Secondary Education for All (text)
Secondary Education for All (1922)
edited by RH Tawney
London: The Labour Party/George Allen & Unwin Ltd
Notes on the text
In October 1919, President of the Board of Education HAL (Herbert) Fisher (1865-1940) appointed Liberal MP E Hilton Young (1879-1960) to chair a departmental committee to examine the issue of scholarships and free places for secondary education.
The Report of the Departmental Committee on Scholarships and Free Places was published in November 1920. It noted that there were almost six million children in the public elementary schools, but just 961 grant-aided secondary schools in England with 246,000 pupils. Of these, 72,386 had "free places", 53,400 awarded by Local Authorities, 16,548 by school governors, and 2,378 by other endowments (Young 1920:4).
Lack of space had resulted in the exclusion from secondary schools of 10,076 potential fee-payers and 11,134 who had qualified for free places (Young 1920:68). This was contrary to Section 4 of the 1918 Education Act, which required that no children should be debarred from 'the benefits of any form of education by which they are capable of profiting through inability to pay fees'.
The Young Committee's recommendations were taken further two years later in Secondary Education for All, which set out the Labour Party's education policy. It was produced by an education advisory committee, established in 1919 to serve the party and the TUC, and edited by RH Tawney (pictured), one of the committee's leading members.
Secondary education, it said, had now become 'the aspiration of families who, twenty years ago, would have withdrawn [their children] from school at the earliest age which the law allowed' (Tawney 1922:37). However, many children were still disadvantaged because of their parents' poverty or the shortage of free places. What was needed was 'a system of universal secondary education extending from the age of eleven to that of sixteen' (Tawney 1922:77).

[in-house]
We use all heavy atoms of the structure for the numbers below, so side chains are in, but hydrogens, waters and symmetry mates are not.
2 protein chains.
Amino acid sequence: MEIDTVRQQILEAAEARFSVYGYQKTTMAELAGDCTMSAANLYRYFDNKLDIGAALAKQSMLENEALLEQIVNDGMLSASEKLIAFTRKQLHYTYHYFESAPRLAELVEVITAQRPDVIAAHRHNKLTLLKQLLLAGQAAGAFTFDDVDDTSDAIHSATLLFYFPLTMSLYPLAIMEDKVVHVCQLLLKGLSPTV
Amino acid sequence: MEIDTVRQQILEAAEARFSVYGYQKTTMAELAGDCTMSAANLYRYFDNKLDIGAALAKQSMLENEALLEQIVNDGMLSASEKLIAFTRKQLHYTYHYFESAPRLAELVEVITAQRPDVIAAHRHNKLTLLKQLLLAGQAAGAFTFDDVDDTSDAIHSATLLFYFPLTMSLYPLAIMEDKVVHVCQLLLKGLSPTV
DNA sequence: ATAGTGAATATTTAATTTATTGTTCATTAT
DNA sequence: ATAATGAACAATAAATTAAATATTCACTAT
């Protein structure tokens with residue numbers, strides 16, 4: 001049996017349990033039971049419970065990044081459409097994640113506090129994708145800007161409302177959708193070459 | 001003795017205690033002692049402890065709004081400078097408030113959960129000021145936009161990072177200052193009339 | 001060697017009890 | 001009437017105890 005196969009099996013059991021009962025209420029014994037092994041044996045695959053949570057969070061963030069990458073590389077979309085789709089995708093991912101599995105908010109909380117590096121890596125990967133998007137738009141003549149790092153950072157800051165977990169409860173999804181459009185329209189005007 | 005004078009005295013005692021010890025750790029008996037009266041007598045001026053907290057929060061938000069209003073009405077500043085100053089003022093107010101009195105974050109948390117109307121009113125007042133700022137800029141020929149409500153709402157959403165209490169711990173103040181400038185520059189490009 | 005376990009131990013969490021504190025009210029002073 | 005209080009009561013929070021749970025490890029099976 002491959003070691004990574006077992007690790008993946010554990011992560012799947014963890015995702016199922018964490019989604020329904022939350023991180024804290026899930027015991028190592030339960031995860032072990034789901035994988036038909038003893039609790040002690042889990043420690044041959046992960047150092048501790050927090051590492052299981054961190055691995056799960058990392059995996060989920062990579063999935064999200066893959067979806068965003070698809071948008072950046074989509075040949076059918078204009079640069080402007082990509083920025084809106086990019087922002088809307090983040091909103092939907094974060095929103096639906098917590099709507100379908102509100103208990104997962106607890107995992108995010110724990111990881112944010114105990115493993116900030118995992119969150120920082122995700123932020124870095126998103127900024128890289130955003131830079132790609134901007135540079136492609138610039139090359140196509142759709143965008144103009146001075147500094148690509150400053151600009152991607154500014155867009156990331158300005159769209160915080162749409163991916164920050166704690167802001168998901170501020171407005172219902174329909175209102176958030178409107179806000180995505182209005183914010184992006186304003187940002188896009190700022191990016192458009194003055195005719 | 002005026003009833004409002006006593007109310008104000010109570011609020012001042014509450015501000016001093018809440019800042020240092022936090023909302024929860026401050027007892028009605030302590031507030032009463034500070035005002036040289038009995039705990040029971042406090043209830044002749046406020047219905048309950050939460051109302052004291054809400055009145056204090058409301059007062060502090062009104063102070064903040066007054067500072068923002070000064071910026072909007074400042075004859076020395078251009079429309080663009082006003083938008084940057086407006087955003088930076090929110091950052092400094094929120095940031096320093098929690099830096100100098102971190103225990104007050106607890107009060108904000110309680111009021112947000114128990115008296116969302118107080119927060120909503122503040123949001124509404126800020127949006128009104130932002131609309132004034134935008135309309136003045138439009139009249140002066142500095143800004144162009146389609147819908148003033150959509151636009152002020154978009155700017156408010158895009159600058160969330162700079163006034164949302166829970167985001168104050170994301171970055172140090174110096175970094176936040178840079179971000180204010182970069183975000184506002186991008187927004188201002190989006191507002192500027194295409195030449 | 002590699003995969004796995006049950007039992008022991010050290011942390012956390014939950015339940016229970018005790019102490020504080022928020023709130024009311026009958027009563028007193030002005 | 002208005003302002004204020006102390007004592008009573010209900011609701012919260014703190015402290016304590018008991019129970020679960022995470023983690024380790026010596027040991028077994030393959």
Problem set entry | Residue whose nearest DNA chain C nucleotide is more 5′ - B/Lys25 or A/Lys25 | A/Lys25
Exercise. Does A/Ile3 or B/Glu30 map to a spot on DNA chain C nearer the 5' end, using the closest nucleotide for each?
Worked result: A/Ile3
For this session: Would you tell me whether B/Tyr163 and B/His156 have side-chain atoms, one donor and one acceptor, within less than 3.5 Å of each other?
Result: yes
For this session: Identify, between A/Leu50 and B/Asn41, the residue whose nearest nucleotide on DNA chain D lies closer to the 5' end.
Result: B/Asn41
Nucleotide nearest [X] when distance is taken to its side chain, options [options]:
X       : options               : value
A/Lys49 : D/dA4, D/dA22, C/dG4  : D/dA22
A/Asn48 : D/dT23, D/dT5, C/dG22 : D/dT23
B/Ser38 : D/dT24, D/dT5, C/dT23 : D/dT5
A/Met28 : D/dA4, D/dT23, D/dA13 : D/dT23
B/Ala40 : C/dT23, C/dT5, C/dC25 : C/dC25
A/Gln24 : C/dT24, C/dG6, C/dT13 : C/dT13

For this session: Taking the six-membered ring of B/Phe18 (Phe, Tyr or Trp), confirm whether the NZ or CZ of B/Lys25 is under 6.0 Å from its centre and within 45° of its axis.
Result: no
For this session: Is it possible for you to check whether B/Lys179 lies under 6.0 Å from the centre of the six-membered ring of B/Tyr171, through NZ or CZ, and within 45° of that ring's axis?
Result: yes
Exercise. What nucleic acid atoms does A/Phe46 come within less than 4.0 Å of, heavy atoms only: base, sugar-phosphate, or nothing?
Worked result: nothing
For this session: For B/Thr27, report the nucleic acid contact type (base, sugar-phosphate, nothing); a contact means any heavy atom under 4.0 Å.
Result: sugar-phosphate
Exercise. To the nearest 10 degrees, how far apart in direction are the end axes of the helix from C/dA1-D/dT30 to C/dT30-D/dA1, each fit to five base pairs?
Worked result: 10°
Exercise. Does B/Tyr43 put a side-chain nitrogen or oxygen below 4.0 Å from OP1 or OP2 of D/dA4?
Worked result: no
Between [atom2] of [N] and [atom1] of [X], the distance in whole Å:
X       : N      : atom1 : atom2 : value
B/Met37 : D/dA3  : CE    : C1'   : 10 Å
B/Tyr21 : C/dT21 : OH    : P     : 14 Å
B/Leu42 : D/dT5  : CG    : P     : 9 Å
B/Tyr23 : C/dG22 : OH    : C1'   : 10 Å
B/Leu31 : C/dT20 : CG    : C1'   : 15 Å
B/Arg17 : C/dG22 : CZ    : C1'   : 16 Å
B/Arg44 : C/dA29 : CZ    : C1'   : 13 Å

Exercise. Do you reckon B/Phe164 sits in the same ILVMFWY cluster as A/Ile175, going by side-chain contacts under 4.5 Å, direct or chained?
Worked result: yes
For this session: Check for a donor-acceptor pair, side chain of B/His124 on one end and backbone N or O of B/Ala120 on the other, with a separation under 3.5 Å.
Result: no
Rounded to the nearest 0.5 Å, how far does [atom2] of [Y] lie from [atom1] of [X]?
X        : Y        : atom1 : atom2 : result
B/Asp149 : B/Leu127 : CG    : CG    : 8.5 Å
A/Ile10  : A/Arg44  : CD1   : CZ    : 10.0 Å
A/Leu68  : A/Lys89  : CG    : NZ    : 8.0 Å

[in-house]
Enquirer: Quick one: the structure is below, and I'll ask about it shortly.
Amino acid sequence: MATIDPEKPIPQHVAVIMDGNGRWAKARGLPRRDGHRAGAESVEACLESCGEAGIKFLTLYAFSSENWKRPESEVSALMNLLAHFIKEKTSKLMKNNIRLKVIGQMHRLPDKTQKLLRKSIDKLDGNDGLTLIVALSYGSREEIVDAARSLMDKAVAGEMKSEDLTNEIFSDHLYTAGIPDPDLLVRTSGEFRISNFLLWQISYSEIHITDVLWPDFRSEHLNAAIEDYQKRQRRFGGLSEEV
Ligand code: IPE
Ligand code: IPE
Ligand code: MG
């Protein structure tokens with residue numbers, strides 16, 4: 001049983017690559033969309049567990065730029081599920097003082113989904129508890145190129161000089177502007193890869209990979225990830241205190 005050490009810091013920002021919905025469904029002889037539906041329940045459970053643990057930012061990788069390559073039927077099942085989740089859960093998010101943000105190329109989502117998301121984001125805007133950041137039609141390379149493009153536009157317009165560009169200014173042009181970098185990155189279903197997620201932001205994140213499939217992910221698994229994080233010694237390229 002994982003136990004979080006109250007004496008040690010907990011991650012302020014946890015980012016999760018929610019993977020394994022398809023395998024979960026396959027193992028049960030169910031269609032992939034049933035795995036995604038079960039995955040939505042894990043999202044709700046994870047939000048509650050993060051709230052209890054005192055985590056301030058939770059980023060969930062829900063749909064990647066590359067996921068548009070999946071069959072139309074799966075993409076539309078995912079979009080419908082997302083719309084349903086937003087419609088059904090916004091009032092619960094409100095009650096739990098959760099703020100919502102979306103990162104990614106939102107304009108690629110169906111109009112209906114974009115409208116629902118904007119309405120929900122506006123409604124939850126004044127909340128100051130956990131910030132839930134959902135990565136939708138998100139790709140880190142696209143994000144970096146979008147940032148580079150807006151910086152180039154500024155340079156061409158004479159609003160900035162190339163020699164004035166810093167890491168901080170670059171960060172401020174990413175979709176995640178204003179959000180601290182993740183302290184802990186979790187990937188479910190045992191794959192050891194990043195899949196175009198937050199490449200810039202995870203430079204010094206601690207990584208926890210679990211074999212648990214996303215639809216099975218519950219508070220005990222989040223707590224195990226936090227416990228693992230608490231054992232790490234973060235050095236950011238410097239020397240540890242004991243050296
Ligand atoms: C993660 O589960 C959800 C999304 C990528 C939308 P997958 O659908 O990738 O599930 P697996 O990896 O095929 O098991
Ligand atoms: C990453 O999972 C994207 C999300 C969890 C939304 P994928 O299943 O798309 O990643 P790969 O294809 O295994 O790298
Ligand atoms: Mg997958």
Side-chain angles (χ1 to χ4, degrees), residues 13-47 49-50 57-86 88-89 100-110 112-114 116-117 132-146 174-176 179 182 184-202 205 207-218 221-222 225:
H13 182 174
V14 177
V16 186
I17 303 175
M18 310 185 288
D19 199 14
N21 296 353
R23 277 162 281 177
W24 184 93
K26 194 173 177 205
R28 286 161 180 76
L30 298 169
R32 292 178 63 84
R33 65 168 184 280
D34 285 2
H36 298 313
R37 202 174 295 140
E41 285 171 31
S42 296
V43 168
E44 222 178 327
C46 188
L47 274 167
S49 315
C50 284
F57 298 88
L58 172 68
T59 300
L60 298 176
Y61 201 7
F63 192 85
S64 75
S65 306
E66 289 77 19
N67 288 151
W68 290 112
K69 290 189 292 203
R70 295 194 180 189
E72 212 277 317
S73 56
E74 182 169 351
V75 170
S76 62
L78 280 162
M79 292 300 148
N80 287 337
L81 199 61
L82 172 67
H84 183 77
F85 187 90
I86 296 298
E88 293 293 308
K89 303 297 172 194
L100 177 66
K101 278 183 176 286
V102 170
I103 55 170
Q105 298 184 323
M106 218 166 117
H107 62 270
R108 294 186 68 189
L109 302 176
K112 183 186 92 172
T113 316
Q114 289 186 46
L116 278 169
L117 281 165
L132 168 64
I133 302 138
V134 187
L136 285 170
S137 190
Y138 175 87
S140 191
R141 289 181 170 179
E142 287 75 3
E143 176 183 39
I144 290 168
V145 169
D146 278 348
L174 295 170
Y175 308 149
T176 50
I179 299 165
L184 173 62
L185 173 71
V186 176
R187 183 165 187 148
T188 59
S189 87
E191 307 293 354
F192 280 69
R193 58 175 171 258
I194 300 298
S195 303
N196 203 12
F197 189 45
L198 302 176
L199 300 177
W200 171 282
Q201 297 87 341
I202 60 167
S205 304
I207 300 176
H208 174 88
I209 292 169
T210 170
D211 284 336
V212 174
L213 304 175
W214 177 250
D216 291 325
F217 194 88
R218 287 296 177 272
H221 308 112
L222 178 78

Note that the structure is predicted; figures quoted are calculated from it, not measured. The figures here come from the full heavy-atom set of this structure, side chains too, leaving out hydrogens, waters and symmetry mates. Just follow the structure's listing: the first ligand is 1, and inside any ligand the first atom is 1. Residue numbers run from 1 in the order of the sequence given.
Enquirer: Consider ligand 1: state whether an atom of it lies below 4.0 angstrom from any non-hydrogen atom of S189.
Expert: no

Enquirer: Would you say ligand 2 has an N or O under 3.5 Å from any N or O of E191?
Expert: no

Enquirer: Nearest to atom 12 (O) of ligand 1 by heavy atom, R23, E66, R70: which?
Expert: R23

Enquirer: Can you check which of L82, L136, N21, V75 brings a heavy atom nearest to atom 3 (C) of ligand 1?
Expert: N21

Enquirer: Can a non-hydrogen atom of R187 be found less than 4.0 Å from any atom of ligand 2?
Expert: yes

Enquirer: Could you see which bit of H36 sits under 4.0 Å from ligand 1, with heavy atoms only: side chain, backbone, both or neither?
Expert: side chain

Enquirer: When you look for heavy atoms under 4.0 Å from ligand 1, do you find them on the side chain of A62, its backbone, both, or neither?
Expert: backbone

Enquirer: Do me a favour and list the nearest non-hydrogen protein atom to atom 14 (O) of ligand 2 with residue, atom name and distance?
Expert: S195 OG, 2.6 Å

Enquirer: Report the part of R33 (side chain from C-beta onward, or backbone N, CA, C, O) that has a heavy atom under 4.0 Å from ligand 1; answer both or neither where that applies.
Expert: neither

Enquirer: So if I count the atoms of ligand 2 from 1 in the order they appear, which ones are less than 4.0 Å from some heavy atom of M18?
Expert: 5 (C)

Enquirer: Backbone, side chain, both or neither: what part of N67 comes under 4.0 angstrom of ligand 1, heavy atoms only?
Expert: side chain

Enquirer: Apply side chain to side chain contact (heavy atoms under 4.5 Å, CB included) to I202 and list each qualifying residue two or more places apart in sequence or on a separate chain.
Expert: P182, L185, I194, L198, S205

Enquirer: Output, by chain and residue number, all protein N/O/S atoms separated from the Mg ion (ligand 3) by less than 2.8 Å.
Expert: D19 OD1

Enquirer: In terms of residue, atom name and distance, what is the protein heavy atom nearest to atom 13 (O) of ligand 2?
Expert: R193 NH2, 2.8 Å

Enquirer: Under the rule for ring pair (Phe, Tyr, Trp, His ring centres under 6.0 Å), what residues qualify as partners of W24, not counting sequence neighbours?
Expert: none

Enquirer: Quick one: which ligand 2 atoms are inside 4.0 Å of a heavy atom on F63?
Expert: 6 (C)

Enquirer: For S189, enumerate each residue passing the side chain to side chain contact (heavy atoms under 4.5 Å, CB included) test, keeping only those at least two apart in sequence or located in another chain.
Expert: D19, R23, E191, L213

It went on to argue that 'The only policy which is at once educationally sound and suited to a democratic community is one under which primary education and secondary education are organised as two stages in a single and continuous process' (Tawney 1922:7). Secondary education - 'the education of the adolescent' - and primary education - 'education preparatory thereto' - should therefore be improved and developed
to such a point that all normal children, irrespective of the income, class, or occupation of their parents, may be transferred at the age of eleven+ from the primary or preparatory school to one type or another of secondary school, and remain in the latter till sixteen (Tawney 1922:7).Such a scheme was now essential, because
Nothing less than this will satisfy the demands of the workers of the country; nothing less is urged by the most eminent educationalists; nothing less will enable the community to make the best use of its human resources, the development of which is at once the goal of economic effort and the source of all wealth which is produced (Tawney 1922:77).Tawney noted that education's share of national expenditure had declined from 7.28 per cent in 1913 to 4.90 per cent in 1921, and he calculated that Labour's five-year plan for education would cost an additional £8.7m - 'less than that of one battleship' (Tawney 1922:130).
Incidentally, Tawney's phrase 'the education of the adolescent' came to be used as the title of the 1926 Hadow Report, which followed Secondary Education for All in recommending two stages of education - primary and secondary, with the break at age eleven. The use of the term 'elementary' was not finally abandoned until 1944.
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I have removed the full stop after 'per cent' and the hyphen in 'to-day', and corrected the positioning of some of the speech marks. Otherwise, I have taken no liberties with the text: what you see here is what appeared in the book.
Blank pages have been omitted.